Considering Purchasing A Work-At-Home Program? The FTC's Business Opportunity Rule Is Here To Help
by Steve Rhode
The Federal Trade Commission (FTC)'s Business Opportunity Rule has been approved for changes that will ensure consumers have information needed when considering buying a "work-at-home" program or other similar business opportunities.
Now simplified are the disclosures that business opportunity sellers must provide to prospective buyers. The disclosures will help consumers considering a purchase of such a program to asses the risks of buying a business opportunity and minimizing compliance burdens on businesses.
The Final Rule will be effective March 1, 2012 and applies to business opportunities previously covered under the Rule but will now effect and apply to work-at-home offers such as envelope stuffing and craft assembly opportunities.
The final Rule requires business opportunity sellers to give consumers specific information to help them evaluate a business opportunity. Sellers must disclose five key items of information in a simple, one-page document:
You have to list your company's name, business address, and phone number; the sales person's name; and the date you gave the document to the prospective buyer.
You have to disclose whether your company or certain key personnel have been the subject of civil or criminal actions involving misrepresentation, fraud, violation of the securities laws, or any unfair or deceptive practices "including violation of any FTC rule" within the past ten years. If the answer is yes, you have to attach a list of the actions to the Disclosure Document.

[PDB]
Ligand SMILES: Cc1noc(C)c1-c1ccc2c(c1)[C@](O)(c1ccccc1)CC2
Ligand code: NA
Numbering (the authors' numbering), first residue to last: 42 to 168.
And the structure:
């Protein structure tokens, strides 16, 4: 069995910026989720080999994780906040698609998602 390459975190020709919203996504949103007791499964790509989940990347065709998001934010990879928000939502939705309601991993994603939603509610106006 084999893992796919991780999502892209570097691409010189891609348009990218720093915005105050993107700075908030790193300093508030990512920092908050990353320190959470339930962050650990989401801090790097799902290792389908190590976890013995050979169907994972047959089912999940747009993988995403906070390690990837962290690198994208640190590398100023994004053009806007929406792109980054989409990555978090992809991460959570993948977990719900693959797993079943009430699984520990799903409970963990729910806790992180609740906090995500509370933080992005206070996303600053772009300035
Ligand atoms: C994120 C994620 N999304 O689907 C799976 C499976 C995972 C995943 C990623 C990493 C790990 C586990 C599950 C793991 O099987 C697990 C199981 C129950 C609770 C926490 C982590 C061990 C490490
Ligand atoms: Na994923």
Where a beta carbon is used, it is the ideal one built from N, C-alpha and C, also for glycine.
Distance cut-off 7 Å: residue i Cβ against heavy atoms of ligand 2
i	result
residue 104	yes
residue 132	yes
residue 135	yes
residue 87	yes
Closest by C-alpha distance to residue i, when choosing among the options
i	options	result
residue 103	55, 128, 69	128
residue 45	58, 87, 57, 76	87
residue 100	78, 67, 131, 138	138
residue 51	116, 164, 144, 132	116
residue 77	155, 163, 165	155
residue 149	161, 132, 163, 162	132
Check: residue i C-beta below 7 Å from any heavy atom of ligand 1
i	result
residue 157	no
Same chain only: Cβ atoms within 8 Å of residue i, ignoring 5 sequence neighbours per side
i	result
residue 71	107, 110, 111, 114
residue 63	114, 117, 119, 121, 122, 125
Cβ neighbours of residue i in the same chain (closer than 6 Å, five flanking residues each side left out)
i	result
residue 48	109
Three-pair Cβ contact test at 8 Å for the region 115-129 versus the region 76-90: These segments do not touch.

Cancellation or Refund Policy
You have to check a box to say if you have a cancellation or refund policy. If you do, you have to attach to the Disclosure Document a statement describing your policy.
You have to check a box to say if you've stated "or implied" how much money a prospective buyer can earn. If you have, you must attach an Earnings Claim Statement to the Disclosure Document.
If you make a claim expressly or by implication about how much money a person can earn from your business opportunity, you have to put the claim in writing. Furthermore, it's illegal to make an earnings claim unless you have written materials on hand that back up what you're saying. You have to make those materials available to a prospective buyer or to the FTC if they ask for them.
If you make an earnings claim, you have to give the prospective buyer a separate document that clearly says across the top EARNINGS CLAIM STATEMENT REQUIRED BY LAW. What has to be on that document?
The name of the person making the claim and the date;
The specifics of the claim;
The start and end date those earnings were achieved;
The number and percentage of your buyers who got at least that result;
Any information about the buyers who got those results that might vary from prospective buyers for example, where they're located;
A statement that prospective buyers can get written proof for your earnings claims if they ask for it.